13. Division 125 of the ITAA 1997 contains relief from the possible CGT consequences of a demerger. In particular, it provides for an optional CGT roll-over for owners of the head entity, with respect to their original interests in a company or trust (section 125-55), and that certain capital gains or losses made by members of a demerger group under the demerger be disregarded (section 125-155).

14. The Demergers measure also provides for dividend relief. In corporate demergers the provision of property from a head company to a shareholder would usually involve the derivation of dividend income by the shareholder to the extent that the value of the property distributed represents company profit, whether realised or unrealised. This is no less the case where the property distributed is shares in a demerger subsidiary. Thus, subsections 44(3) and (4) of the ITAA 1936 provide that a dividend arising as a result of a demerger happening (called a 'demerger dividend') is not assessable or exempt income to the owners of the head entity. For owners who are non-residents, subsection 128B(3D) of the ITAA 1936 provides a similar exemption from withholding tax.

15. A 'demerger dividend' is that part of a demerger allocation that, but for the amendments to section 44 of the ITAA 1936 in subsections 44(3) and (4), would be assessable to the owners of the head entity under subsection 44(1). A 'demerger allocation' is the value of the ownership interests provided to the head entity's owners under a demerger. The relief from assessment of the profit element of a demerger allocation is subject to the qualification in subsection 44(5) which, in the words of the Revised Explanatory Memorandum, 'ensures that the demerged entity is a viable, independent entity, capable of conducting business in its own right.'[2]

16. By way of a further integrity measure, the dividend tax relief that applies in relation to the provision of ownership interests in the demerged entity from the corporate group to the head entity's shareholders is subject to section 45B of the ITAA 1936, which relies on a purpose test to safeguard the assessment of distributions of corporate profit to shareholders. For present purposes, the test is designed to ensure that only profits distributed under a genuine demerger are subject to tax relief.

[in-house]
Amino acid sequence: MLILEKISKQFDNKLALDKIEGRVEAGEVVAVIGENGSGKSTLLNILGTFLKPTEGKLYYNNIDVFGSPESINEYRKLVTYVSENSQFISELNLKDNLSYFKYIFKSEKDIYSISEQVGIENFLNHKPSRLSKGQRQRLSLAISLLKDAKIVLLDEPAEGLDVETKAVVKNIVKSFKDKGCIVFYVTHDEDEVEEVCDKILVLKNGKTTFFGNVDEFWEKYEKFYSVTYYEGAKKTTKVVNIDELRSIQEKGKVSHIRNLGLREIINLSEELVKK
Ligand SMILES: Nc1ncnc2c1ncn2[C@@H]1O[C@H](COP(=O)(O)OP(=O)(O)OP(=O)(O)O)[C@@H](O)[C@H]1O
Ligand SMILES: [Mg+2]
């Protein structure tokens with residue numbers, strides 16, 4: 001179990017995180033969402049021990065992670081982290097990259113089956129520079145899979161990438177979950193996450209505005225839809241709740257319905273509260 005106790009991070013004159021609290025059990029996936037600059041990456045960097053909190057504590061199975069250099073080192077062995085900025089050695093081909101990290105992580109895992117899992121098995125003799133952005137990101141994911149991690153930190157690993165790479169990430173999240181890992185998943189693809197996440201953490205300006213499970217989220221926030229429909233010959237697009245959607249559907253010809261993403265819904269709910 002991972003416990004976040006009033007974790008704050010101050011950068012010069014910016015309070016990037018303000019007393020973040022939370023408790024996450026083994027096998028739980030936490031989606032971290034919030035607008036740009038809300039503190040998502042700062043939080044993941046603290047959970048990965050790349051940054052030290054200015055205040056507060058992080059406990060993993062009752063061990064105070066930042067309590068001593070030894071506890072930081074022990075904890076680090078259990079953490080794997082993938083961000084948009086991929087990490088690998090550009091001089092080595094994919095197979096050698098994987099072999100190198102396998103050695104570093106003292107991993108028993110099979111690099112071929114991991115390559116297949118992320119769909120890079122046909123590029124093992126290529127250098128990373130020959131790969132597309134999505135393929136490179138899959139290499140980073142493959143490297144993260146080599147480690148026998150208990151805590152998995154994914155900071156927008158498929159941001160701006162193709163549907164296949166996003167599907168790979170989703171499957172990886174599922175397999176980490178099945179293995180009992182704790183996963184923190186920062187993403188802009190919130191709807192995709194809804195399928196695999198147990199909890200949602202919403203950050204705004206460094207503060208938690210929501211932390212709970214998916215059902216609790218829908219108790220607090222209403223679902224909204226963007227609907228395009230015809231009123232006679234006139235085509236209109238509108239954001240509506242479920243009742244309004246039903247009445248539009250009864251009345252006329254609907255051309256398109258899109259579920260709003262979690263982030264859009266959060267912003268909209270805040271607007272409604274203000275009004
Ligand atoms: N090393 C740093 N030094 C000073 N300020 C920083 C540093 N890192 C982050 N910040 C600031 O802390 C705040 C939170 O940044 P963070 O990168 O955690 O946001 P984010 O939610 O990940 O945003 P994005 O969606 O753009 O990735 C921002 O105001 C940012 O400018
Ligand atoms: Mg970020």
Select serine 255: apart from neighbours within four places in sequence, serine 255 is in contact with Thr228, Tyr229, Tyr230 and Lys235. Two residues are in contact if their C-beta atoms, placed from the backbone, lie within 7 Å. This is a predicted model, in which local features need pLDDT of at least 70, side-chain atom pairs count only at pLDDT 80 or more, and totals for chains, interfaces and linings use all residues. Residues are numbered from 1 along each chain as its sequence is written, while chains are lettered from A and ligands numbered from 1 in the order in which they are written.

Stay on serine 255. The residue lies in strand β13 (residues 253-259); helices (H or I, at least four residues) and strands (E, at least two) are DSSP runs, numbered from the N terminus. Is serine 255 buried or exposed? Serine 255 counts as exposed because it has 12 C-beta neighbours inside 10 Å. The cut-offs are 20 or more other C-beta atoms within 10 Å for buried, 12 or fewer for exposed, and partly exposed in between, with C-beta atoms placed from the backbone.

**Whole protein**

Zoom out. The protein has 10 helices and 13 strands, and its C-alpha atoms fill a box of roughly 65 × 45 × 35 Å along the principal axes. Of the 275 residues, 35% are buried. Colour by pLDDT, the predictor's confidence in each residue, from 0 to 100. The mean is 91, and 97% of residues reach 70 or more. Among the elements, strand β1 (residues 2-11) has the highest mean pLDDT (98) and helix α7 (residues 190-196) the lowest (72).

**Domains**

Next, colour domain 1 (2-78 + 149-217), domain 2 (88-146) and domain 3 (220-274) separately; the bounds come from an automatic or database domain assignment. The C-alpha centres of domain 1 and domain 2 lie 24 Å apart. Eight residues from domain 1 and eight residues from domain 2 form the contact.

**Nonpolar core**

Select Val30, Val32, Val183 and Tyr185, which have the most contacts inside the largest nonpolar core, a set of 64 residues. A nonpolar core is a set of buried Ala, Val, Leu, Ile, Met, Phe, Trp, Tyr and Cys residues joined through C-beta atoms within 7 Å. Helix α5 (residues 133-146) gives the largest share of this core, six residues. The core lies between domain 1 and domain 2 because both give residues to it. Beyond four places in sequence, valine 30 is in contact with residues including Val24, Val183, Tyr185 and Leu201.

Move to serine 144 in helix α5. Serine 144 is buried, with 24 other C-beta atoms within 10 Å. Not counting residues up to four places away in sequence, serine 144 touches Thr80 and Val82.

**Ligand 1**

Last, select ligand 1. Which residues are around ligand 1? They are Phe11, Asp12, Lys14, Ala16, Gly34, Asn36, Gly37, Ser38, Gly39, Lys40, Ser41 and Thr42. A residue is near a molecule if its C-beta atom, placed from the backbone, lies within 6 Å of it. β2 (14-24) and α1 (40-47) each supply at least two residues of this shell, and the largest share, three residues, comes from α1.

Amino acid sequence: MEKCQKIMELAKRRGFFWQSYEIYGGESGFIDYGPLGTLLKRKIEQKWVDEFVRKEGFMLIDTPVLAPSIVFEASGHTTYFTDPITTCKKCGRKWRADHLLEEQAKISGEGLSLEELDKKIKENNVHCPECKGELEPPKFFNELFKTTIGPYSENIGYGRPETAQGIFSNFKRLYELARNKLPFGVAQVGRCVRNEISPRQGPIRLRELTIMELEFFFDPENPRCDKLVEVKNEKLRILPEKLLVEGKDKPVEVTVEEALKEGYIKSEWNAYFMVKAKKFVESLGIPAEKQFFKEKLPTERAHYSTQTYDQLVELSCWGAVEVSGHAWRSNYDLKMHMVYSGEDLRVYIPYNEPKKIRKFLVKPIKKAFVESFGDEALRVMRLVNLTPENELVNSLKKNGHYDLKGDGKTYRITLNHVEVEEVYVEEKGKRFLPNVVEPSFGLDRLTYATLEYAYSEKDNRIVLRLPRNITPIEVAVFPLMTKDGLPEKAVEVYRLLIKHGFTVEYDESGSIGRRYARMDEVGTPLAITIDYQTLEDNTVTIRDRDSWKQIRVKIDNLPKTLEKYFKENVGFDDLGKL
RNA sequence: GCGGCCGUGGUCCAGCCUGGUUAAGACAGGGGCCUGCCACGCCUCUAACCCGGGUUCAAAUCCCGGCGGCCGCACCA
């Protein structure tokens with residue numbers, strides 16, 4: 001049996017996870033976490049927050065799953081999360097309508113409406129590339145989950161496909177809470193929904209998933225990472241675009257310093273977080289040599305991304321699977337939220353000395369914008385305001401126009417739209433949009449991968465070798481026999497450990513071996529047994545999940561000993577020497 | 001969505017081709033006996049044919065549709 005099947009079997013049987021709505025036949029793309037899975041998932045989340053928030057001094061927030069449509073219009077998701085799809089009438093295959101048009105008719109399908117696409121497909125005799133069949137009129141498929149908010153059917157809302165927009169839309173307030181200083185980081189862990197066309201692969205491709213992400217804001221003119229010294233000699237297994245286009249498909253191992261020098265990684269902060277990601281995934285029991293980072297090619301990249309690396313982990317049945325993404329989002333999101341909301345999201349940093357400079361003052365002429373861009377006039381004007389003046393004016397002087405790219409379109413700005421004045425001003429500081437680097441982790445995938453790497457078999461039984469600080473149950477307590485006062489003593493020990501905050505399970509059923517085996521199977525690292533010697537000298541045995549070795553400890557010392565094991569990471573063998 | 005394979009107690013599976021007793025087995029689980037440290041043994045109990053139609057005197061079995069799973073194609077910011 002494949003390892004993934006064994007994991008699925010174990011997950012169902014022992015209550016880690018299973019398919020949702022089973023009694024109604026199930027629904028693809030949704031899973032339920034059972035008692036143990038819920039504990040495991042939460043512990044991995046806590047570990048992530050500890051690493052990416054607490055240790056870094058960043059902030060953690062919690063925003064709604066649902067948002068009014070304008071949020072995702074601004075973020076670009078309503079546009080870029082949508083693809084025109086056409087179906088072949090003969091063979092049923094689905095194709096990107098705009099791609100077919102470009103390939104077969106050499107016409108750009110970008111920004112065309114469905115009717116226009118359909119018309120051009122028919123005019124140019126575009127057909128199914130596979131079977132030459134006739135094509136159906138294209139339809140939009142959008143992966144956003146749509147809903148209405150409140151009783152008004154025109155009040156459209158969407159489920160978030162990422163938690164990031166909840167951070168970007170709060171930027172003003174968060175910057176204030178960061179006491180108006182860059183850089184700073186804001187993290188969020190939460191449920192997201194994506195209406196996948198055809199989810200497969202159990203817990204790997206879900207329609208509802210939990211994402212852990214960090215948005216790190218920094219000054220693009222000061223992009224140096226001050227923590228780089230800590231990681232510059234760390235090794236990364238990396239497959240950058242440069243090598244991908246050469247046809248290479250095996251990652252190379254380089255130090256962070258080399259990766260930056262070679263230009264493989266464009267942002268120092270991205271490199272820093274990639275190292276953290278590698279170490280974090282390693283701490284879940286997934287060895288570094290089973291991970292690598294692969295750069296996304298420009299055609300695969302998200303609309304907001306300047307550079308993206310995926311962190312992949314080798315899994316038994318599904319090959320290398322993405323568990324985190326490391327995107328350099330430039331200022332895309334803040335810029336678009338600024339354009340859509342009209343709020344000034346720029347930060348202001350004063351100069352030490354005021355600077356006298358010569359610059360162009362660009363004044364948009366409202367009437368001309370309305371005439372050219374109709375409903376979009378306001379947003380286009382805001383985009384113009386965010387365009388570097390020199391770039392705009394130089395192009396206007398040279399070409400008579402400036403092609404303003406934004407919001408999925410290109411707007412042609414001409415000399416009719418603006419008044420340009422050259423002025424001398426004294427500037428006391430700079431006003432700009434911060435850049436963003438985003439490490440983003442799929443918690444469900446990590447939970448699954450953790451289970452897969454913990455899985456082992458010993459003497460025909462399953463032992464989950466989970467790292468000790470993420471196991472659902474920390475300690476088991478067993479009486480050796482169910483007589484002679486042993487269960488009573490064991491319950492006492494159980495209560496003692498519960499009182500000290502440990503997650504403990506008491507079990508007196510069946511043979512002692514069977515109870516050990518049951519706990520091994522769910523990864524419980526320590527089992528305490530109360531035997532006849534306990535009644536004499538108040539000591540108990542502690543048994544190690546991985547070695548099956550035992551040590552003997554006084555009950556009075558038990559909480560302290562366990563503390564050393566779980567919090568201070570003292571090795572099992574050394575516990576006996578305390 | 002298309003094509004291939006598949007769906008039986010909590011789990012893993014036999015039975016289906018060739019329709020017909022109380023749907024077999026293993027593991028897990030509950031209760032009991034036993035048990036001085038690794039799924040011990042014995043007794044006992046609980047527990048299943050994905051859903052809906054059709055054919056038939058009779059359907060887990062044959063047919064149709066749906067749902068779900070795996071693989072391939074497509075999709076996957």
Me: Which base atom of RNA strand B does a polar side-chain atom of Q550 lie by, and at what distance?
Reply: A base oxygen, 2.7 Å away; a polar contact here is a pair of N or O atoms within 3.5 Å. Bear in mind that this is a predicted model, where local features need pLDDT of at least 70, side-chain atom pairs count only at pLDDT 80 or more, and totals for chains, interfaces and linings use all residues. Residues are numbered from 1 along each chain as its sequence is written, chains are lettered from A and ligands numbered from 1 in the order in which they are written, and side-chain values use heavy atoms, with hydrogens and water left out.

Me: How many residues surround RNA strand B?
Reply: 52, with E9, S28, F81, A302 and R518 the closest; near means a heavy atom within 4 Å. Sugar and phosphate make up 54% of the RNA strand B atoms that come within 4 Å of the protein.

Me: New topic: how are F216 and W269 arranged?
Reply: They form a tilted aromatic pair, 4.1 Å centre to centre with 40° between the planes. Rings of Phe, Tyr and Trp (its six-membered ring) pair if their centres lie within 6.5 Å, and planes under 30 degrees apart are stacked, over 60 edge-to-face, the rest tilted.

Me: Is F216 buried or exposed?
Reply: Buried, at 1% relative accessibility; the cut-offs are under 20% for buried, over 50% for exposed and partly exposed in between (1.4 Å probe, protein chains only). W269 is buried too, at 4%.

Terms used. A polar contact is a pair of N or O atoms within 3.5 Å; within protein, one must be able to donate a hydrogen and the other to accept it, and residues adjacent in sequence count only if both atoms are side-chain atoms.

THE PURPOSE OF SECTION 45B

17. Subsection 45B(1) of the ITAA 1936 provides that the purpose of section 45B is to ensure that relevant amounts are treated as dividends for tax purposes if the capital and profit components of a demerger allocation do not reflect the circumstances of the demerger, or certain payments, allocations or distributions are made in substitution for dividends.

18. Thus, section 45B of the ITAA 1936, which applies in terms of 'benefits', serves two objects. One of which is concerned only with the provision of 'demerger benefits' and the other is concerned with the provision of 'capital benefits' which may be included in a demerger benefit. (That part of a 'demerger benefit' that is not a demerger dividend will also be a 'capital benefit.') The first object pertains only to a demerger that happens within the meaning of section 125-70 of the ITAA 1997. However the second object of section 45B is not concerned with demergers exclusively and pertains to any other arrangements that result in a capital benefit being provided to a taxpayer.

19. When a demerger occurs there is potential for both objects of section 45B of the ITAA 1936 to apply as generally the owners of the head entity will be provided with both a 'demerger benefit' and a 'capital benefit' under the demerger. However, officers should appreciate that each of the two objects of section 45B is concerned with a different mischief and each has a different scope of application with respect to a demerger.

20. Despite the differences in application between the two objects of section 45B of the ITAA 1936, in the context of demergers the overall purpose of the section is to act as an integrity measure in support of the demergers legislation. The section guards against the use or structuring of a demerger to accommodate a substantial purpose of delivering a tax benefit to a relevant taxpayer (generally the shareholders of the head entity). Broadly, the mischief that mobilises section 45B is the use of a demerger to deliver value from company to shareholder in a tax preferred form (whether as a 'demerger dividend' or as capital in substitution for a dividend) as an end in itself and not merely as the natural incident of a business restructure of the demerger group.

The first object: the demerger specific rule

21. As discussed above, section 45B of the ITAA 1936 was amended as part of delivering demerger tax relief. In this regard, the Revised Explanatory Memorandum[3] provides as follows: